Magic Mushroom May Have Cure for Depression


If we think of LSD or magic mushrooms, the first thing to come to our minds isn’t probably science. These psychedelic drugs are more than often related to the 60s’ counterculture or hippies, but never to clinical trials or laboratory experiments. Such notions might soon change as doctors are considering the implementation of these drugs- DMT and mescaline included- in mind-healing processes.

Leading anti-depressants might soon be defeated in attainment of the top position when it comes to dealing with depression, as UK researchers are now trying. A trial, lasting for at least 2 years, is now about to start where researchers of the Imperial College in London will try and compare the effects of psilocybin, a component of the magic mushroom, with escitalopram, a leading SSRI. Dr. Robin Carhart-Harris, the lead in the study, says that the potential of these drugs is revolutionary. Attempts to pursue the same had been made 50 years ago but the experiments had to be stopped due to controversies. Celebrities using the drugs for recreational purposes during the 50s and 60s degraded their potential and their medicinal uses were overlooked.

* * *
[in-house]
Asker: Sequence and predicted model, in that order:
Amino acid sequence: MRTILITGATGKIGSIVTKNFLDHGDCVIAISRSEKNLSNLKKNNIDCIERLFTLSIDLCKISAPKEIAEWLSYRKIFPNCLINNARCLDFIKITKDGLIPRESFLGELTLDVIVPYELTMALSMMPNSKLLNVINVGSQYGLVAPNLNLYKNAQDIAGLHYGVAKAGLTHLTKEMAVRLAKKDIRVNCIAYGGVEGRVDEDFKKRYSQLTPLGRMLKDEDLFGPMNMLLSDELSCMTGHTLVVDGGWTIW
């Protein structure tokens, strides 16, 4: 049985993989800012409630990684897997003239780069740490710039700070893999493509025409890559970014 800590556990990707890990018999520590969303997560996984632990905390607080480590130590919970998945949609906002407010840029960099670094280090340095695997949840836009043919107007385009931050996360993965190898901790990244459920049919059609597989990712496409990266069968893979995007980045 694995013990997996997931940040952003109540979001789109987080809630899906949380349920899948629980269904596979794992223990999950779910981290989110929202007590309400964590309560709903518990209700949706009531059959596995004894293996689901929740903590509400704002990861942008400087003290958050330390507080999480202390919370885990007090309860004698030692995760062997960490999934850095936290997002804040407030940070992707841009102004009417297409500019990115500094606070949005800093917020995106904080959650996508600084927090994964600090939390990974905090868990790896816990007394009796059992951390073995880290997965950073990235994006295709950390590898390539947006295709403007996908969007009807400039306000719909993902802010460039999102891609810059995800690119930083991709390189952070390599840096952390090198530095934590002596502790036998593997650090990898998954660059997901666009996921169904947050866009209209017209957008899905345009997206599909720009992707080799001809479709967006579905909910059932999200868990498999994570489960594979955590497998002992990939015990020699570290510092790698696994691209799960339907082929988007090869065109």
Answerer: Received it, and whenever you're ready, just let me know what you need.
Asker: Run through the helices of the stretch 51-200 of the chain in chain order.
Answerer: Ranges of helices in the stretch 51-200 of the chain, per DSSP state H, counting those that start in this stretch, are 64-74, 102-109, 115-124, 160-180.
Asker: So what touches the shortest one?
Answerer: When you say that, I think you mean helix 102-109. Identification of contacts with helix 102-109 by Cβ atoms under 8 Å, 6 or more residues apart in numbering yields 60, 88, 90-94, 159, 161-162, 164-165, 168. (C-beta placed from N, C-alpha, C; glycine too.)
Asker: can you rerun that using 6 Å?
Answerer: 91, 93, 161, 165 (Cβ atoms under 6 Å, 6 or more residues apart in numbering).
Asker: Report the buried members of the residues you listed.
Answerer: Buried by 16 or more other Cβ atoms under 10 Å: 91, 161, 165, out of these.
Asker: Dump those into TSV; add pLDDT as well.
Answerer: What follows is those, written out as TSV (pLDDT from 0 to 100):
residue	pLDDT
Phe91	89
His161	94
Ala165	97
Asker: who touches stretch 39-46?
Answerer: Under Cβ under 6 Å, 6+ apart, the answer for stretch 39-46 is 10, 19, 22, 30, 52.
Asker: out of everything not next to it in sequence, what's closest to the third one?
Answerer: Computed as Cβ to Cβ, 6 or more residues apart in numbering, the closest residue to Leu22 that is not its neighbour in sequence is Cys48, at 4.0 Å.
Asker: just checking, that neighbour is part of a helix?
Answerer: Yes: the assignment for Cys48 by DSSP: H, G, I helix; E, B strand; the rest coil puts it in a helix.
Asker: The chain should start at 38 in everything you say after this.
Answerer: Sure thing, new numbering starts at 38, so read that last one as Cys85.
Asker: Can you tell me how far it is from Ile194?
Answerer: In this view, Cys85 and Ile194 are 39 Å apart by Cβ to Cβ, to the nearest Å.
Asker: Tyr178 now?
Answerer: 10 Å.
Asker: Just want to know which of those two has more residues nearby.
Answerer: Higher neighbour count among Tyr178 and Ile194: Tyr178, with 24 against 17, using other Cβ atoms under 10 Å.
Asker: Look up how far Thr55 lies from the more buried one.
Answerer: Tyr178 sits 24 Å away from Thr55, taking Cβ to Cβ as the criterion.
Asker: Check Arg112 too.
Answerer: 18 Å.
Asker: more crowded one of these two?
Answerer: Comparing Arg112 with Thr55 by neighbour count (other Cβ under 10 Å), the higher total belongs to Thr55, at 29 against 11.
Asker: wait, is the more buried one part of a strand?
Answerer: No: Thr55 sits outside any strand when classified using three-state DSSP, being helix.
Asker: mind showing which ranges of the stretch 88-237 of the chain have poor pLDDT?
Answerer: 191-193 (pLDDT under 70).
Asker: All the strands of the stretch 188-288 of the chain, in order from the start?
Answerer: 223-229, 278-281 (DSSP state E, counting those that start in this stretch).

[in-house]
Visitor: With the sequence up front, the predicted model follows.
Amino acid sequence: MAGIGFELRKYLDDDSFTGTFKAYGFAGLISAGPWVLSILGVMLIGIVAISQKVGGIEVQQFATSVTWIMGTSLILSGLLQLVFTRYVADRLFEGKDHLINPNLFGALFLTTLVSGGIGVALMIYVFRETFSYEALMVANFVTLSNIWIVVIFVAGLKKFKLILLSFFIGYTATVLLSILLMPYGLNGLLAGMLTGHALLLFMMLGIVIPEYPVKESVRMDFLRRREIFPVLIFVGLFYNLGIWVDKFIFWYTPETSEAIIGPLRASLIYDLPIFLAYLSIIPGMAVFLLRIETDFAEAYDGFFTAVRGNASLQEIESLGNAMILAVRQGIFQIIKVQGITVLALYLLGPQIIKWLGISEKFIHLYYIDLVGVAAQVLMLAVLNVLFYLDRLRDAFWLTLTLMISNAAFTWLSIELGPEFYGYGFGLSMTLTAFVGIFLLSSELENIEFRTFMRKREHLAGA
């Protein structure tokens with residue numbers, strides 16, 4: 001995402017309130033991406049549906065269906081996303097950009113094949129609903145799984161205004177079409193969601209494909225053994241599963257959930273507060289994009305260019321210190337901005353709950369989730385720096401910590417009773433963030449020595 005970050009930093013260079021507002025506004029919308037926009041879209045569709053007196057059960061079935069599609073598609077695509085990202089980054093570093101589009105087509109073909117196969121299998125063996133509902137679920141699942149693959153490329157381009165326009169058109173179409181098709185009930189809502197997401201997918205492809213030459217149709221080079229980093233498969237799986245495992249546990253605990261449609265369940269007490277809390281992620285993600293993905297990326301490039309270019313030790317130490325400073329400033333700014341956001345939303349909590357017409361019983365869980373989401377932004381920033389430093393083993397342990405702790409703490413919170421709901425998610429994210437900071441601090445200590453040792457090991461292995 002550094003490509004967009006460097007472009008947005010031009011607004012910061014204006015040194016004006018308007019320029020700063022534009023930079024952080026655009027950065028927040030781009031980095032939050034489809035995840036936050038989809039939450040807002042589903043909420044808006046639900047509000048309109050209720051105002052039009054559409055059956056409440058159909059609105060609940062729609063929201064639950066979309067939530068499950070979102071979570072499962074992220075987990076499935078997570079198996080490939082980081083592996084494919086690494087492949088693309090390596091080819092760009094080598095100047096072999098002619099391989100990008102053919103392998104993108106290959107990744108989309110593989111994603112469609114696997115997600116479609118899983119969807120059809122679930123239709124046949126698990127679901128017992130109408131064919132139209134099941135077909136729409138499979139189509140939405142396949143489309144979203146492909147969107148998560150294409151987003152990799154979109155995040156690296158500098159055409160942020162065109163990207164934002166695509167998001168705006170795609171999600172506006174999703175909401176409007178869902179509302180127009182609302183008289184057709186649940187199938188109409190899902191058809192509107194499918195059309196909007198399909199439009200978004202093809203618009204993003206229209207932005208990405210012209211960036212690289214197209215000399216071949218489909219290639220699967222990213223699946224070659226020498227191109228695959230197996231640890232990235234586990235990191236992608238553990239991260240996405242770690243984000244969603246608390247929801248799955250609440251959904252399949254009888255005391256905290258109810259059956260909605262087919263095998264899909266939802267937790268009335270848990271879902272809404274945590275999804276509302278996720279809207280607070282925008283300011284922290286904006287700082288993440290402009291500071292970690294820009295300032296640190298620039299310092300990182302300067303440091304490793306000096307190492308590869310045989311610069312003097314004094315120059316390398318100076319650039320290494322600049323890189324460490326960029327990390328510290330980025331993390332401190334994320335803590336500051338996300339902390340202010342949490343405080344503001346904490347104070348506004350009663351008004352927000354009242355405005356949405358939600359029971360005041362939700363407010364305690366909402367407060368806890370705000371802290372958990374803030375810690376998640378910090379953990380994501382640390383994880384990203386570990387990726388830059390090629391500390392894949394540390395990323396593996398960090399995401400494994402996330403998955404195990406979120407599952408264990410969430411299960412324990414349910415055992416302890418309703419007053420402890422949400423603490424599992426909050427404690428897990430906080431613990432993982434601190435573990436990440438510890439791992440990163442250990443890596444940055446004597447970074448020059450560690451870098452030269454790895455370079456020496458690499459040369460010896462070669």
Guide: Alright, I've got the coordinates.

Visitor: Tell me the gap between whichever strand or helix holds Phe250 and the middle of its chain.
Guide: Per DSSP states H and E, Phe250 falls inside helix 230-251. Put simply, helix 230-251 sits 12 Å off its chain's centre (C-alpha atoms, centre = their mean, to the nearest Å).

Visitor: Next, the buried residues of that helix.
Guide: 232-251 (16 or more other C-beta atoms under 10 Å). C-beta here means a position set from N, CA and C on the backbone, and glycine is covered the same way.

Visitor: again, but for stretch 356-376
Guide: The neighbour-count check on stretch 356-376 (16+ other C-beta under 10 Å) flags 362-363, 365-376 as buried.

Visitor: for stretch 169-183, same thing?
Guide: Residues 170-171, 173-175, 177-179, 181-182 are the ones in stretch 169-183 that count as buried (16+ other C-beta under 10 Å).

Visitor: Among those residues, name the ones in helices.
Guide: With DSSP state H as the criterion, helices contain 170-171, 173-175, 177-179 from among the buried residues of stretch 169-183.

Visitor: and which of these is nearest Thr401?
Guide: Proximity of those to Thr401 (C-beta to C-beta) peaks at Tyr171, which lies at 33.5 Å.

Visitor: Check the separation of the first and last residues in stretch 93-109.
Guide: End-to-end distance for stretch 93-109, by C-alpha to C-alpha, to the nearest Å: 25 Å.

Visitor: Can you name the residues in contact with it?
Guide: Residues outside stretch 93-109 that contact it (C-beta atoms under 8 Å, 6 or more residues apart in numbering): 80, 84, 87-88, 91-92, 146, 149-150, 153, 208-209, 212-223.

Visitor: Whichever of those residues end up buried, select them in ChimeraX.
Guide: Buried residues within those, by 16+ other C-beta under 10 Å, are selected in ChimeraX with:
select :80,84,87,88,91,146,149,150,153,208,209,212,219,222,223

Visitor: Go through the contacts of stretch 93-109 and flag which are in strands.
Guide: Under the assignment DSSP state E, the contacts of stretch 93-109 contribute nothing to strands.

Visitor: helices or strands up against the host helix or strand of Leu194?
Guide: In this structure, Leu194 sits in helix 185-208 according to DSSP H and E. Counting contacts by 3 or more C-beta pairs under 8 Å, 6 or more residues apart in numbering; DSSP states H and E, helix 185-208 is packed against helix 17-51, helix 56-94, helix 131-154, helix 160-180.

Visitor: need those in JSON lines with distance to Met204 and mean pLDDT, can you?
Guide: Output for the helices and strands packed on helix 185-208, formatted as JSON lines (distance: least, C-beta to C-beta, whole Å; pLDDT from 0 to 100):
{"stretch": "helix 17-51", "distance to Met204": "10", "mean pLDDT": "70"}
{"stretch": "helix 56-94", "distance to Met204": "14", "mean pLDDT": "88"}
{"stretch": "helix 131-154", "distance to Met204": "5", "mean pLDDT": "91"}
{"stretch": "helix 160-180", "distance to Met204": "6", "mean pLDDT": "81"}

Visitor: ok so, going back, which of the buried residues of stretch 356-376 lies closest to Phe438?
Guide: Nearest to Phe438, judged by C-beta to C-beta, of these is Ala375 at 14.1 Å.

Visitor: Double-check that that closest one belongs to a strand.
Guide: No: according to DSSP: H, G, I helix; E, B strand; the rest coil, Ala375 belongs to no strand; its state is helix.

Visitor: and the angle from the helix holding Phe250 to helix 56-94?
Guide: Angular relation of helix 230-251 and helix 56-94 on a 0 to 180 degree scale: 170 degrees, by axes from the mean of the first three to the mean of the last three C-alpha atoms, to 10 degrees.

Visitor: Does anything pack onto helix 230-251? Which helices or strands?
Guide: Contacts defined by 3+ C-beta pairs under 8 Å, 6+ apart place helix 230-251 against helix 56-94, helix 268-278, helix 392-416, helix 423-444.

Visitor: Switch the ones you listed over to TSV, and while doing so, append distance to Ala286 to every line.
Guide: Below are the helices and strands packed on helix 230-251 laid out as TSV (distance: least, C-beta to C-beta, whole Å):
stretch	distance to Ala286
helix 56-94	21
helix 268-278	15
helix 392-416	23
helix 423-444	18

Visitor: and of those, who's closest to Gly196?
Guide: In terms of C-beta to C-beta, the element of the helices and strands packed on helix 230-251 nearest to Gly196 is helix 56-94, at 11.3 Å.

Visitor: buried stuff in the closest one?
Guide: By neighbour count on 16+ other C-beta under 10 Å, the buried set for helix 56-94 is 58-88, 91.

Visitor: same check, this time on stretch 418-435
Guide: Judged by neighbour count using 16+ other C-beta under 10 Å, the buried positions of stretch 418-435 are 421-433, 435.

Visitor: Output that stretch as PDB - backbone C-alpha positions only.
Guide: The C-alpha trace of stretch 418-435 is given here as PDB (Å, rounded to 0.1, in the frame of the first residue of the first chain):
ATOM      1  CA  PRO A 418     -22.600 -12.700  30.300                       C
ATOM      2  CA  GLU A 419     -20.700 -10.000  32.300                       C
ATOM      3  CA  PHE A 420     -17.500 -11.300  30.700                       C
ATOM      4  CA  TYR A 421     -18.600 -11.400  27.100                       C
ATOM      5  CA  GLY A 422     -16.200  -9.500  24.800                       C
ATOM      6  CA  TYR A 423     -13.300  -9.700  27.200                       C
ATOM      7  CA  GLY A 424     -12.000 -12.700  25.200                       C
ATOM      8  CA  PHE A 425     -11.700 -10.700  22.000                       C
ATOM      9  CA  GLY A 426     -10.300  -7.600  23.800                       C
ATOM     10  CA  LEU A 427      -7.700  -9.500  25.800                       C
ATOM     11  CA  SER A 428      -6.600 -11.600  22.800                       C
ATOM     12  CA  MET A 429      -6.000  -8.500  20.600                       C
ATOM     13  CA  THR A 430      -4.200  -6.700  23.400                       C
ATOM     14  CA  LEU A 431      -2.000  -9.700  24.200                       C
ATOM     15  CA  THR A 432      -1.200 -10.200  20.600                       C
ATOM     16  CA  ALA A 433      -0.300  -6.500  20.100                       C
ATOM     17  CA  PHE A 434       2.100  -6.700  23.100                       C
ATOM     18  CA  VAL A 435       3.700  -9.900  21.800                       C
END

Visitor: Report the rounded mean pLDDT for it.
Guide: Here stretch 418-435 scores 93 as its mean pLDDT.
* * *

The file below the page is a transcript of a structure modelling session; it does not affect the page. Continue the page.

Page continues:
The unbounded potential of these drugs and the fear associated with it paved the way for it becoming illegal in the US in 1968 although Timothy Leary, former Harvard psychologist, fought keeping in kind their beneficial purposes. In 1971 an UN convention ended all scientific research effectively. Magic mushroom is similar to LSD but isn’t as much controversial. It went through a scientific renaissance in the mid-2000s.Psilocybin decreased the rate of depression in patients suffering from cancer, reports found. Dr Carhart-Harris in 2009 became the first scientist from UK to do research on psychedelics. The amygdala and default-mode network are two brain-regions affected by psilocybin but the reason behind its effects are not understood fully. Psychedelics have risks though. Dr James Rucker says it’ll probably take at least 5 years for psilocybin to be put to its complete use. Dr. Carhart-Harris has acknowledged that even if they’re made effective, it won’t be accessible to everyone.

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